Migration is the permanent relocation of people’s livelihoods, whether under duress or of one’s own accord. People have always moved temporarily or permanently to other regions. Where they migrate to depends, for one thing, on their own capabilities and, for another, on the political and legal framework conditions as well as on the respective granting of protection.
Migration can make a positive contribution to sustainable development. For many poverty-stricken countries, it is of considerable economic importance. In 2017, remittances – money sent home by migrants – totaled $596 billion, according to the World Bank, $450 billion of which went to developing countries. These remittances make a decisive contribution to the livelihood of the poor as well as to economic development: they account for a quarter of gross domestic product (GDP) in Nepal and Tajikistan, for example, and even for a good third in Kyrgizstan. What is more, developing countries reap the benefits of the know-how transfer from and investment potential of their diaspora. Many migrant workers are given the opportunity to improve their professional qualifications, social status and standard of living, enabling them to contribute directly to (local) development, when they might return later. The benefits of migration are, by the way, mutual: host countries benefit from manpower, know-how, innovation and international networking, as well as from tax revenue, social security contributions and cultural diversity.
Today, roughly a quarter of a billion people currently live outside their native country; 70% of them are from the Global South, more than half of whom have migrated within the South. But in order for migration to hold any viable future prospects, the living and working conditions in the destination country must meet human-rights standards. In reality, many migrants are victimized by various forms of exploitation and discrimination – whether during recruitment at home, in transit or in their new workplace. The standards of the International Labour Organization – especially its migration-related conventions – are important building blocks for “fair migration” and need to be applied worldwide.
Millions of people find themselves forced to leave their native region due to violent conflict or political persecution, extreme poverty, exclusion or exploitation, or the effects of climate change or natural disasters. This forced migration is always the upshot of human rights violations. In 2015, the UNHCR counted some 65 million refugees worldwide who have been forced to escape political persecution or violent conflict. 40 million were displaced persons within their own country (IDPs). The Middle East and Africa have taken in two-thirds of these forced migrants. Of the relatively small number of refugees seeking to reach rich countries, many fail to make it. A good 1.3 million of the 3 million asylum seekers worldwide sought asylum in Europe in 2015. Furthermore, regional migration flows in many places are driven by the effects of climate change. It is estimated that there are already more than 20 million “climate refugees”.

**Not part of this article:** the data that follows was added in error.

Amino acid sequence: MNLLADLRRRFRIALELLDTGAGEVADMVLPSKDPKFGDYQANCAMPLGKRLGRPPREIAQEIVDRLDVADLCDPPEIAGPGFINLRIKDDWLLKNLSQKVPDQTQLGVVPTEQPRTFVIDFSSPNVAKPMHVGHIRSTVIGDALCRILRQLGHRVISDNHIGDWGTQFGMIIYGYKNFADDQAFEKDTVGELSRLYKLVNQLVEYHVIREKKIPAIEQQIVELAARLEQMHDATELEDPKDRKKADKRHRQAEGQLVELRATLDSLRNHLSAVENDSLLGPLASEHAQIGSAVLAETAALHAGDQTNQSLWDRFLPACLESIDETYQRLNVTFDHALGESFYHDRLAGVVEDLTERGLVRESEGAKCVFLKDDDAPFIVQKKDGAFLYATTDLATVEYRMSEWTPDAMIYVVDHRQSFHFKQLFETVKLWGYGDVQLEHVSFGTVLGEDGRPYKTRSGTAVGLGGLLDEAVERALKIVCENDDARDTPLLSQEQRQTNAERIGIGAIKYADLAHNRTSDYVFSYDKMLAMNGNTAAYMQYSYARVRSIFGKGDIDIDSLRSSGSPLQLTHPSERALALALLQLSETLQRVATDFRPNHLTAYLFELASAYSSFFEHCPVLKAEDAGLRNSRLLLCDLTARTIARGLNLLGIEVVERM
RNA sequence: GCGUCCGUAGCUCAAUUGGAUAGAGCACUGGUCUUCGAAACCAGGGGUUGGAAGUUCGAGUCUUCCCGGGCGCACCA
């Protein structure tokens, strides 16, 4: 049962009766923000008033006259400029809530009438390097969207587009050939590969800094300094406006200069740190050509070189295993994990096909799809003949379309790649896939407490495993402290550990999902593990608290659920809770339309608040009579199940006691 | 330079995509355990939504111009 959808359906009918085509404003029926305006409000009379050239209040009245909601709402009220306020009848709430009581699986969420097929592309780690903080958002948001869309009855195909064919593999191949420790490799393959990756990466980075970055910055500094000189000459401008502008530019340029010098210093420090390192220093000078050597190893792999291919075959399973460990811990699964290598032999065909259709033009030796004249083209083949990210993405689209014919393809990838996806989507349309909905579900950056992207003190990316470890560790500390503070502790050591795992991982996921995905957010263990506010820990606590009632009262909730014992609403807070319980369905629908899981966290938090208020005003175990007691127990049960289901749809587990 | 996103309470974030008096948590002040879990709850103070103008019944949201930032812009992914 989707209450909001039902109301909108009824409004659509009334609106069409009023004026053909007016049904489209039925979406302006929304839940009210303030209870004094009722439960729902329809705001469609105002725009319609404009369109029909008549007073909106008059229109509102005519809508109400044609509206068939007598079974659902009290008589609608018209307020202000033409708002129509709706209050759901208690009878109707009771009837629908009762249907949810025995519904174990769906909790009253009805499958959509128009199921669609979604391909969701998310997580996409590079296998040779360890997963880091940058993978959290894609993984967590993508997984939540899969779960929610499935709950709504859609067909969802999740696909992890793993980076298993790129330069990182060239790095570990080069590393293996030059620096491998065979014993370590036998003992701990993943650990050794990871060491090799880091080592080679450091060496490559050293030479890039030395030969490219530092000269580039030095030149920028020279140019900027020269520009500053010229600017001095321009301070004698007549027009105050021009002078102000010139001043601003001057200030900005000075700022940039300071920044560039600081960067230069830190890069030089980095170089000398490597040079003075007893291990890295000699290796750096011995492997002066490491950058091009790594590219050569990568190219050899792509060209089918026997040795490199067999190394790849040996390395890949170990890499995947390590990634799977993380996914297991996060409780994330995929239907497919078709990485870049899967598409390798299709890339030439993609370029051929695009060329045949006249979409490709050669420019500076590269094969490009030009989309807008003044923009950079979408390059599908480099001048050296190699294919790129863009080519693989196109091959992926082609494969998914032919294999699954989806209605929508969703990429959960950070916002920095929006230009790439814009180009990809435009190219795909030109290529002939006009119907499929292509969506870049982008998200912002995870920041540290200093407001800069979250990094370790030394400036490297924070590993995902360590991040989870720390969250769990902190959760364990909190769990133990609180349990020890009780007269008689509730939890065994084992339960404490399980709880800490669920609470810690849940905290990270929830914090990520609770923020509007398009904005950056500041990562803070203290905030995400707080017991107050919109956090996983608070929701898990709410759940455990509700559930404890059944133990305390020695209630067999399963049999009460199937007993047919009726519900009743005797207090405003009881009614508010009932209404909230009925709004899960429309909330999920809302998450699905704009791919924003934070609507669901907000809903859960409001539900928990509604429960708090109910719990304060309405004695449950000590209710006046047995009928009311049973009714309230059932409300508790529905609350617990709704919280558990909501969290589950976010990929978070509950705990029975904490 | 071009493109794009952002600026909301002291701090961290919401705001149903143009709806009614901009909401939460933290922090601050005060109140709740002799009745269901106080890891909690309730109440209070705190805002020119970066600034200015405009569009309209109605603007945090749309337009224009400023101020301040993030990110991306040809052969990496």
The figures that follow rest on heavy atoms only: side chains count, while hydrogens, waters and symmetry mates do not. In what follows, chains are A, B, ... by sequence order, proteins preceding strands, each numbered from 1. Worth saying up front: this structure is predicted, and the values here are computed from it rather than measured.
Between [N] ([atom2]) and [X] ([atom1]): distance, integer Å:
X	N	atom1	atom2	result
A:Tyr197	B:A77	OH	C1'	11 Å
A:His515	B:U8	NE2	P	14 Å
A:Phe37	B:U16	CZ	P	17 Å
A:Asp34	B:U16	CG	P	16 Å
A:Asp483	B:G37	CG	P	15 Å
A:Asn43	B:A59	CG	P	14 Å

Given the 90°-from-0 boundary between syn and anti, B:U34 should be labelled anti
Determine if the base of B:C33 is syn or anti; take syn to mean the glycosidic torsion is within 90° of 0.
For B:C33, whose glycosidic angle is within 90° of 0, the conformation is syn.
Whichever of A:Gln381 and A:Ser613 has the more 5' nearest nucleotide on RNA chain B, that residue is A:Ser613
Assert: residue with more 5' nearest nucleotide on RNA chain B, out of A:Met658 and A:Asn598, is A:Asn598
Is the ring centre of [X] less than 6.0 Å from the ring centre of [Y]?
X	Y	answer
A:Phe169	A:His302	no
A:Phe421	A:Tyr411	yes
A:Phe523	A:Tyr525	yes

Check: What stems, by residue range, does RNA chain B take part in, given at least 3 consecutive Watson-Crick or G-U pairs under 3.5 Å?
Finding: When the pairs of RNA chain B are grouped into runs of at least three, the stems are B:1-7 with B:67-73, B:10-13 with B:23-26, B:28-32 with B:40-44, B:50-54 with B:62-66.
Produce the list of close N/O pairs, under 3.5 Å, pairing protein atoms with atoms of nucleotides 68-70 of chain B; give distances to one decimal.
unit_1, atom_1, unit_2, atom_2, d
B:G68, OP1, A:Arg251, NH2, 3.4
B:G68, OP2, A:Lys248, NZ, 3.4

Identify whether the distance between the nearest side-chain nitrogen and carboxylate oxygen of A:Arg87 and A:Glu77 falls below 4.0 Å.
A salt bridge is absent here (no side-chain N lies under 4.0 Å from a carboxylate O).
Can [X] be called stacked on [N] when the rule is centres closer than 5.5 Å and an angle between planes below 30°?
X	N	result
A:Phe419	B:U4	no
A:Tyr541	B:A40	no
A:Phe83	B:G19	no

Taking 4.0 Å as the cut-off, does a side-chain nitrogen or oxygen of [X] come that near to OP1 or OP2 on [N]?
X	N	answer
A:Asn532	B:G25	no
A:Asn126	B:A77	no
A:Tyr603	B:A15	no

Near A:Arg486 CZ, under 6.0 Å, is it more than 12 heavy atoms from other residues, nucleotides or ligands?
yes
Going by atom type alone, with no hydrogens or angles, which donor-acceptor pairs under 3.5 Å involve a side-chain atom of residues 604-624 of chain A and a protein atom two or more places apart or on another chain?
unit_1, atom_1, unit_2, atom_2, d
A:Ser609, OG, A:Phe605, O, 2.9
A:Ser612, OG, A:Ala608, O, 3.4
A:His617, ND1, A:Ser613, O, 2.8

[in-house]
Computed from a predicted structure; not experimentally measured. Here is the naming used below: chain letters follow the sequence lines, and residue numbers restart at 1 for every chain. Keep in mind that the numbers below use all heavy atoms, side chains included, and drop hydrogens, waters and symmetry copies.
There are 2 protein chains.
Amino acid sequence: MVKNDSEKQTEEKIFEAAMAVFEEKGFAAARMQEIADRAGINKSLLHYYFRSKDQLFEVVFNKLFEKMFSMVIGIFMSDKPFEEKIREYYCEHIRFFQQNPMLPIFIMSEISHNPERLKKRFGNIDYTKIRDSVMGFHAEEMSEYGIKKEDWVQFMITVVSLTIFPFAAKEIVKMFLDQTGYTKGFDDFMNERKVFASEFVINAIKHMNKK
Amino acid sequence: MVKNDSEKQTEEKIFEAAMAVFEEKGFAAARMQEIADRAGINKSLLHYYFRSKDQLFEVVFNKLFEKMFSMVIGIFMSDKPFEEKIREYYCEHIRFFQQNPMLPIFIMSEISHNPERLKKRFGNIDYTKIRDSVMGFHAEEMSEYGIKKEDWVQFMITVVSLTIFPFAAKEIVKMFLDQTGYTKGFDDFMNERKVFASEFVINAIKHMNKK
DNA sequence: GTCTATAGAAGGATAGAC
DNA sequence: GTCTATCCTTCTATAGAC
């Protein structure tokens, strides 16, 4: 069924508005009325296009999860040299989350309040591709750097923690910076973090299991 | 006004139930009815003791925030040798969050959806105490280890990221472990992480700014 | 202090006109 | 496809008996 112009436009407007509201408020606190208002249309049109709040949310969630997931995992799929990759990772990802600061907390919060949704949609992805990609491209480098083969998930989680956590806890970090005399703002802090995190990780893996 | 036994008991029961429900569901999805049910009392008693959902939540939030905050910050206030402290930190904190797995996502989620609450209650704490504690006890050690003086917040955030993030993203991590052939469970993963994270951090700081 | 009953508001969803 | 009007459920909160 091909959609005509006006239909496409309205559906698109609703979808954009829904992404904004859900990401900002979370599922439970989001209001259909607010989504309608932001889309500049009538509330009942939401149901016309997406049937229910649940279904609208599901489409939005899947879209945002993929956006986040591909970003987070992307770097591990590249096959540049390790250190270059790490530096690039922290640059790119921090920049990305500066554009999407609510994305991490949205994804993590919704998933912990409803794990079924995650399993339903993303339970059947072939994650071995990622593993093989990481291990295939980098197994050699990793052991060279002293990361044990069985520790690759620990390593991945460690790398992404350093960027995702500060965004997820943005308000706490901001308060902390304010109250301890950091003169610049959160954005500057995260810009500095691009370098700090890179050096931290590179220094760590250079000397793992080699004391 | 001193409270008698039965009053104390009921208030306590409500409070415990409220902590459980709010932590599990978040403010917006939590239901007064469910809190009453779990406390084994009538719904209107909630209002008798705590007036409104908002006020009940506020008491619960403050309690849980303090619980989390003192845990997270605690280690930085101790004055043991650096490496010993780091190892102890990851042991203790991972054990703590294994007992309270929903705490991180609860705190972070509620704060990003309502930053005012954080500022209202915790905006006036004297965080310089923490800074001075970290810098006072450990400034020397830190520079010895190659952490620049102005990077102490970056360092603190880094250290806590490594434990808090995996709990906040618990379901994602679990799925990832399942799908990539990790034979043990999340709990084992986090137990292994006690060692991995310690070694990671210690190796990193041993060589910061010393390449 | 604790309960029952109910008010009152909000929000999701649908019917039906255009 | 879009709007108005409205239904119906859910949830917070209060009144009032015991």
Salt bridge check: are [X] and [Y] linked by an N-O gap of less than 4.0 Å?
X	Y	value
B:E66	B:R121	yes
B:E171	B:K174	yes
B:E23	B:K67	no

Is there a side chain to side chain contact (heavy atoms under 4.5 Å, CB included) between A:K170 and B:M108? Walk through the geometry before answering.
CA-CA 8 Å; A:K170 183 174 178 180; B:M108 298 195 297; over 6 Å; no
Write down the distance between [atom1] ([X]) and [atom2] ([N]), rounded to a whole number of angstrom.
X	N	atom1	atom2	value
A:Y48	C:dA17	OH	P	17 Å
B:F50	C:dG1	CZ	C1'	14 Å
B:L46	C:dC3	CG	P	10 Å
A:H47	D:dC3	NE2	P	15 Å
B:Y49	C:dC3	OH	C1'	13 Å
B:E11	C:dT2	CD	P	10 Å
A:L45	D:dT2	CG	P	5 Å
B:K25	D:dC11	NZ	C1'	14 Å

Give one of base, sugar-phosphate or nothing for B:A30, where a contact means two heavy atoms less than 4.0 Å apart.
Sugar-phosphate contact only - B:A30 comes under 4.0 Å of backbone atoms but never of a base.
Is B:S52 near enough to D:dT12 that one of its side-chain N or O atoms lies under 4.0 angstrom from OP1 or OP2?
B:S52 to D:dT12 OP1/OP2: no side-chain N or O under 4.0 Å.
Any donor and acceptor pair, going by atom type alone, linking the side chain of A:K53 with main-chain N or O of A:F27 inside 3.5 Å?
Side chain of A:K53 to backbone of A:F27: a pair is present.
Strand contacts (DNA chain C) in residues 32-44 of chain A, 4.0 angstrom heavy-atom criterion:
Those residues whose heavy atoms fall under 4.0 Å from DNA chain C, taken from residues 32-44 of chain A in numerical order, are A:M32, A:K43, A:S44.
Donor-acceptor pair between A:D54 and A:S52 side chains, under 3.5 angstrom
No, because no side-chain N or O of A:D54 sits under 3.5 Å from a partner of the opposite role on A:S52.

Conditions are particularly precarious for those forced to flee violent conflict, who, on their way towards an uncertain future, are unprotected from systematic exploitation en route or in rudimentary reception camps. First and foremost, they need humanitarian aid and protection in their countries of origin and on the road, and then, for the longer term, safe residency status as well as social and economic prospects in the host country.
Within the framework of the international migration dialog, Switzerland is to cooperate in finding solutions for the vast majority of refugees in the regions of origin or the surrounding areas. In parallel, Switzerland can and must advocate more strongly for the non-violent conflict resolution and demand the enforcement of human rights and the fundamental principles of good governance, especially against authoritarian regimes and rulers in fragile states.